Laurance Labadie was the last true exponent of nineteenth-century Tuckerite anarchism.
Laurance Labadie was born in Detroit, in the summer of 1898, the son of the famously affable anarchist Joseph A. Labadie. Jo, as he was called, neither pressed anarchism on his children nor seems to have done very much pressing or parenting at all, preferring to allow the Labadie brood space to learn and grow on their own terms. That they, to his disappointment, never found much happiness or success suggests, perhaps, that the anarchist’s aversion to hierarchical relationships is ill-suited to the business of raising children into content and independent adults. Though certainly independent of thought and action, Joseph’s son Laurance was anything but content. Even to those who loved him and considered him family, the younger Labadie did not inherit his father’s easy, obliging way. In her book All-American Anarchist: Joseph A. Labadie and the Labor Movement, Laurance’s niece, Carlotta Anderson, writes that he “bitterly disappointed both parents,” never marrying or achieving career or financial success.
Laurance was, by all accounts, a classic curmudgeon, quick to find fault and disinclined to suffer fools gladly. Marked by a deep and pronounced contempt for his fellow man, Labadie’s political writings reflect his apparently lifelong feelings of depression and detachment. Aspects of Arthur Schopenhauer’s thought seem to have penetrated Labadie’s psyche rather deeply. Schopenhauer’s work emphasizes the human will, its arbitrariness and irrationality, from which came Labadie’s conclusion that individual lives and the projects attached thereto are pointless. Schopenhauer’s The World as Will and Representation brought to Labadie’s attention the rather “precarious position,” in Schopenhauer’s words, of being stranded “on one of those numberless spheres freely floating in boundless space.” Labadie wondered how human beings, products of a “moldy film” budding on one of these many planets, could have any significance at all, any cosmic importance. Labadie regularly returned to this, the nagging feeling that nothing matters or could matter.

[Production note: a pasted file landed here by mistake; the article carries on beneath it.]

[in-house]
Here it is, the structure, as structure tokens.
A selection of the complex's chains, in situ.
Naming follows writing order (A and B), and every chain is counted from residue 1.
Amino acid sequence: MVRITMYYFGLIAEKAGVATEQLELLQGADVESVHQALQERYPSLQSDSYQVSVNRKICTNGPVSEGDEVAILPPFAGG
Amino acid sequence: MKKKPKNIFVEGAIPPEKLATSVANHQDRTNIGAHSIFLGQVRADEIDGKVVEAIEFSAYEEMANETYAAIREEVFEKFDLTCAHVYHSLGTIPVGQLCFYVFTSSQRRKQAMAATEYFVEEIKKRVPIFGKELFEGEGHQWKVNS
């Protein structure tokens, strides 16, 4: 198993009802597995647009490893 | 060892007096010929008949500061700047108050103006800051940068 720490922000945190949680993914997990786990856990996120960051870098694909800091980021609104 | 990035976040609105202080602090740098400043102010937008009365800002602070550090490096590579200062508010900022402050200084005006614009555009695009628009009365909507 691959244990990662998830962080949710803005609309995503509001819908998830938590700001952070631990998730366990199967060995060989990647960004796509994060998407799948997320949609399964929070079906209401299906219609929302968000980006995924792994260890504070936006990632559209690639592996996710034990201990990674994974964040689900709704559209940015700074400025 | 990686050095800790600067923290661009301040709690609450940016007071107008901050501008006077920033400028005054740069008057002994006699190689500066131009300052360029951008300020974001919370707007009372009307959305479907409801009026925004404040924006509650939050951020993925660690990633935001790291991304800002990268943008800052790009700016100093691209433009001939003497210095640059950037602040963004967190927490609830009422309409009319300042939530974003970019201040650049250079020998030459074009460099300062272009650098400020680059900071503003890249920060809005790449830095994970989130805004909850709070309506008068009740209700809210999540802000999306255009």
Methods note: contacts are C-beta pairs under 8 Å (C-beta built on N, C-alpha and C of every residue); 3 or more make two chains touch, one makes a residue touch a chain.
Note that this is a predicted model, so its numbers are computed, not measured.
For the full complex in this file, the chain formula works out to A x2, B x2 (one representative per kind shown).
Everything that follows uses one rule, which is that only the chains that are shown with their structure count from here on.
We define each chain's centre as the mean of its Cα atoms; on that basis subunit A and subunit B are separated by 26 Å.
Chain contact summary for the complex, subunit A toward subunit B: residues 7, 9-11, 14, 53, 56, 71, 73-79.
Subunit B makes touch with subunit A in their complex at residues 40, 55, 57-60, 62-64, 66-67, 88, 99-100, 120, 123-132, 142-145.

When historian Paul Avrich interviewed him just months prior to his death, holed up in a disheveled stone house with only a stove for heat, Labadie referred to himself as a recluse and reiterated his lack of faith in the prospects for liberty and humanity. Despondent to the last, Labadie told Avrich that “anarchism is a pipe-dream,” unattainable for a human animal that is, in Labadie’s estimation, merely “an animated alimentary canal,” different “from the worm only by the appendages which have developed on him.”
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